Through Dovetails on Veneered Board

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Forum topic by nalij posted 09-13-2016 01:52 AM 746 views 0 times favorited 5 replies Add to Favorites Watch
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10 posts in 1579 days

09-13-2016 01:52 AM

Topic tags/keywords: question veneer through dovetails dovetails thin stock

So perhaps a silly question, but, I figured I would ask anyway…..

I want to make a small box for the wife, I have a bunch of burl veneer (1/32”) that I want to play with. I am thinking of veneering some to 1/4” stock (cherry, walnut or beechnut). My question is…Would I get a bunch of tearout if I tried to do through dovetails (by hand) on such a board?

From what I have read most of the tearout occurs on the backside, which in my case would be the solid hardwood – so I dont think that should be an issue.

I am just concerned that the veneered front may not handle this so well since it’s burl (notorious for cracking, etc.) and it’s a very thin veneer to begin with. Furthermore, marking the front with a scribe line cannot be sanded out (due to how thin it is) and there will be no ability to plane the front down, again due to the veneer already being attached.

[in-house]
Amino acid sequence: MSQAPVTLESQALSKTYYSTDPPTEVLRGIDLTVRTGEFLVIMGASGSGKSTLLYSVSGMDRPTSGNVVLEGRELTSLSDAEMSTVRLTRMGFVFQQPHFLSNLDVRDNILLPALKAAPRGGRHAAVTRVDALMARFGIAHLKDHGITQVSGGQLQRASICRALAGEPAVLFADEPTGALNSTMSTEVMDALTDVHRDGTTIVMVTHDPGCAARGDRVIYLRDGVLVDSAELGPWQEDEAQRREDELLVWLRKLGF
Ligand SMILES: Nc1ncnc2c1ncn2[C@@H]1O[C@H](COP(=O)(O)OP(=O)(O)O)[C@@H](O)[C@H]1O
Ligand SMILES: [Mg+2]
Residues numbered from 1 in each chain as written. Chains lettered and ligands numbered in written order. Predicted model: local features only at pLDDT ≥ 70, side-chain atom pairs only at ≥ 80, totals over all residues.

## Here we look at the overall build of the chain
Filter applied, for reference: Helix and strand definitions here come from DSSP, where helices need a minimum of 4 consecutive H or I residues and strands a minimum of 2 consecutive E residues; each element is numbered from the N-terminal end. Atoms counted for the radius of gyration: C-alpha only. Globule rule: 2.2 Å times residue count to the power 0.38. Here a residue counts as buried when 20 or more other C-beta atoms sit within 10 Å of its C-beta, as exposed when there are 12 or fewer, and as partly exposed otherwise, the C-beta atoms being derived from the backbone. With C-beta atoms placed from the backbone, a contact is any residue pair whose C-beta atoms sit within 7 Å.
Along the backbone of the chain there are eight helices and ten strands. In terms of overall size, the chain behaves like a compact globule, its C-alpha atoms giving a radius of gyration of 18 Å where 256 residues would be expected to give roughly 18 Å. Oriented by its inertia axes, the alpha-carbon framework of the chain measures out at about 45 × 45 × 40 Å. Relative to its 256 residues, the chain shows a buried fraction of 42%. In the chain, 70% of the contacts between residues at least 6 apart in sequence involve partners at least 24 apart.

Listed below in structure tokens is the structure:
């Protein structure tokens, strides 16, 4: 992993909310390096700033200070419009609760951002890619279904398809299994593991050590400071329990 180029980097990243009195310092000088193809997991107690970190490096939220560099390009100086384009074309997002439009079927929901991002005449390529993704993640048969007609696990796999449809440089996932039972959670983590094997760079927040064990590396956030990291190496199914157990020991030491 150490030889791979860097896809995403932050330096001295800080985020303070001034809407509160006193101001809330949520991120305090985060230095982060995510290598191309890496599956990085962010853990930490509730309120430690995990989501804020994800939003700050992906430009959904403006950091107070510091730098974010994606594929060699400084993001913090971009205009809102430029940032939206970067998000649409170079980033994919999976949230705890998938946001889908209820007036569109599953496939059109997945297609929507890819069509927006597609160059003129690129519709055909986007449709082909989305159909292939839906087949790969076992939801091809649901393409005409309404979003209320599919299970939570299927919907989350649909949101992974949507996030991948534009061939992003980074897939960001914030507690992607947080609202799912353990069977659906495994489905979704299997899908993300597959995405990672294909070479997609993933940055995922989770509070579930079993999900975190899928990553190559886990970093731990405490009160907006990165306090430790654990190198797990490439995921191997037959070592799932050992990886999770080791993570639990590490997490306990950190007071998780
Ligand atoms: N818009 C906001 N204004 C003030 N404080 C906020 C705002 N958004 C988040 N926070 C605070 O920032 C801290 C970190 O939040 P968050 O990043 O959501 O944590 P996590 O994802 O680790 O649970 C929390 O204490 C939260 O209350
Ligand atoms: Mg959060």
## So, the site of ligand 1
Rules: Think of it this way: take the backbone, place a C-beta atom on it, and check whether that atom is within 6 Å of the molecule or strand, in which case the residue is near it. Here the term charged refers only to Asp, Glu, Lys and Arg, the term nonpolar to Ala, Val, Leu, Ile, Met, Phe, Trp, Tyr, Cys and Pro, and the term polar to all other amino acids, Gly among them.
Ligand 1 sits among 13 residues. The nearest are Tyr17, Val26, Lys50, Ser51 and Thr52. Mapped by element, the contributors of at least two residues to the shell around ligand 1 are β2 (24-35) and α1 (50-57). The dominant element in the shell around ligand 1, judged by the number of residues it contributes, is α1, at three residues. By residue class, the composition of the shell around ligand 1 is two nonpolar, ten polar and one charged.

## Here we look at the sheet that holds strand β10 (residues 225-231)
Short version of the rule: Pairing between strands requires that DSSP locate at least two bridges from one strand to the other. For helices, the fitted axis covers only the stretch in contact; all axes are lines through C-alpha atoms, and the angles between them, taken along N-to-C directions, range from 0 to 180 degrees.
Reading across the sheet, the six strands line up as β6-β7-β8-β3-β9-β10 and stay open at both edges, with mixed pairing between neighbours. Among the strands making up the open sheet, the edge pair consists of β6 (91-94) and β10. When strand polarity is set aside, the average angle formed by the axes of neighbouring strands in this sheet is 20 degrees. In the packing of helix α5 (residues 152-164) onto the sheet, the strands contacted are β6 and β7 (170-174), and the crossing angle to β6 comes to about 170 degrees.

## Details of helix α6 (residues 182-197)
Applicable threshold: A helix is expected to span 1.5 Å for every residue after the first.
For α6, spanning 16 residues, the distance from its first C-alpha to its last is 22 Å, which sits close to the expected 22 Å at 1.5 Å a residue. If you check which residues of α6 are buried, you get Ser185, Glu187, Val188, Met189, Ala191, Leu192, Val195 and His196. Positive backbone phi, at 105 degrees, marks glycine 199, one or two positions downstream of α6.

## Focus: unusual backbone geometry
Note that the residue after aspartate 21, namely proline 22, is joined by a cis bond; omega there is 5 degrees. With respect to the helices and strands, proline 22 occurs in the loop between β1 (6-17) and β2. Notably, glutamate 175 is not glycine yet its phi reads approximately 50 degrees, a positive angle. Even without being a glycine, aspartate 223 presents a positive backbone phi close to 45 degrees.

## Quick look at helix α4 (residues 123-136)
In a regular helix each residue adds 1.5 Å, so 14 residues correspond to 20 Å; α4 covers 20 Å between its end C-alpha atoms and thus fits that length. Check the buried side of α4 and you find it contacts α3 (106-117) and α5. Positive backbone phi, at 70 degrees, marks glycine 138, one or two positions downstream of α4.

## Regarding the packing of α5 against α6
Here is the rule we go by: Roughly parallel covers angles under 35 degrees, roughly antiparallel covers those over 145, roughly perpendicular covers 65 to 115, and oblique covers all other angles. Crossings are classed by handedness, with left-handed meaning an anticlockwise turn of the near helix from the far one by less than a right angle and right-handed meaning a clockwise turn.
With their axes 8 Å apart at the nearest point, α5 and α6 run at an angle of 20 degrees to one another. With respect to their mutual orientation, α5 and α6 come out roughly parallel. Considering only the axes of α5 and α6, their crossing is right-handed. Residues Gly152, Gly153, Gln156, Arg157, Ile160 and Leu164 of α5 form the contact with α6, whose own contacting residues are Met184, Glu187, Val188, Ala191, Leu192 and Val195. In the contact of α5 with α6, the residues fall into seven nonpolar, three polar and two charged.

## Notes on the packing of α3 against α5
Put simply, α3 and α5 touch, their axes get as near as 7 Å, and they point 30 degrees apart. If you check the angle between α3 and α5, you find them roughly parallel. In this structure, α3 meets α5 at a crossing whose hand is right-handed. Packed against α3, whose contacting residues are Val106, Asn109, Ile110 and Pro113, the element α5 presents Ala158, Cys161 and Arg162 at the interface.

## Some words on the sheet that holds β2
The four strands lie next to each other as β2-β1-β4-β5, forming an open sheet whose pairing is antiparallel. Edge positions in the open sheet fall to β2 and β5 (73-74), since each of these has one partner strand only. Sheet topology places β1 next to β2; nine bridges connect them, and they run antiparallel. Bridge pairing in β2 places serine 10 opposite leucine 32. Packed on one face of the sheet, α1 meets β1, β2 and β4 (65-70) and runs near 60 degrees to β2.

Any thoughts or experience from the masters?

Perhaps I should just miter the sides and call it a day.

-- Consult by Day, Wood Slayer at Night |

5 replies so far

View JAAune's profile


1866 posts in 2764 days

#1 posted 09-13-2016 03:32 AM

It’s doable. The nature of the project means you need to get almost everything fit perfectly because mistakes will be harder to correct.

-- See my work at and

View punkin611's profile


49 posts in 1270 days

#2 posted 09-13-2016 03:35 AM

you might try cutting dovetails with a fine tooth pull saw. One thing for sure is to veneer BOTH SIDES of what your veneering. I veneer all the time, hope you use hot hide glue its an old school method and a lot of fun.

View shipwright's profile


8336 posts in 3246 days

#3 posted 09-13-2016 04:59 AM

A hard setting glue will certainly help. My preference is HHG as mentioned above but urea formaldehyde will work as well if not as easily. With care you should be able to do it just fine.
One thing you might try is cutting the dovetails first and then veneering the parts. Veneer each whole piece and then cut away the gaps with a scalpel.

-- Paul M ..............the early bird may get the worm but it’s the second mouse that gets the cheese!

View Robert's profile


3468 posts in 1928 days

#4 posted 09-13-2016 02:39 PM

How about using tape?

-- Everything is a prototype thats why its one of a kind!!

View YusukeHeller's profile


7 posts in 1068 days

#5 posted 09-13-2016 11:08 PM

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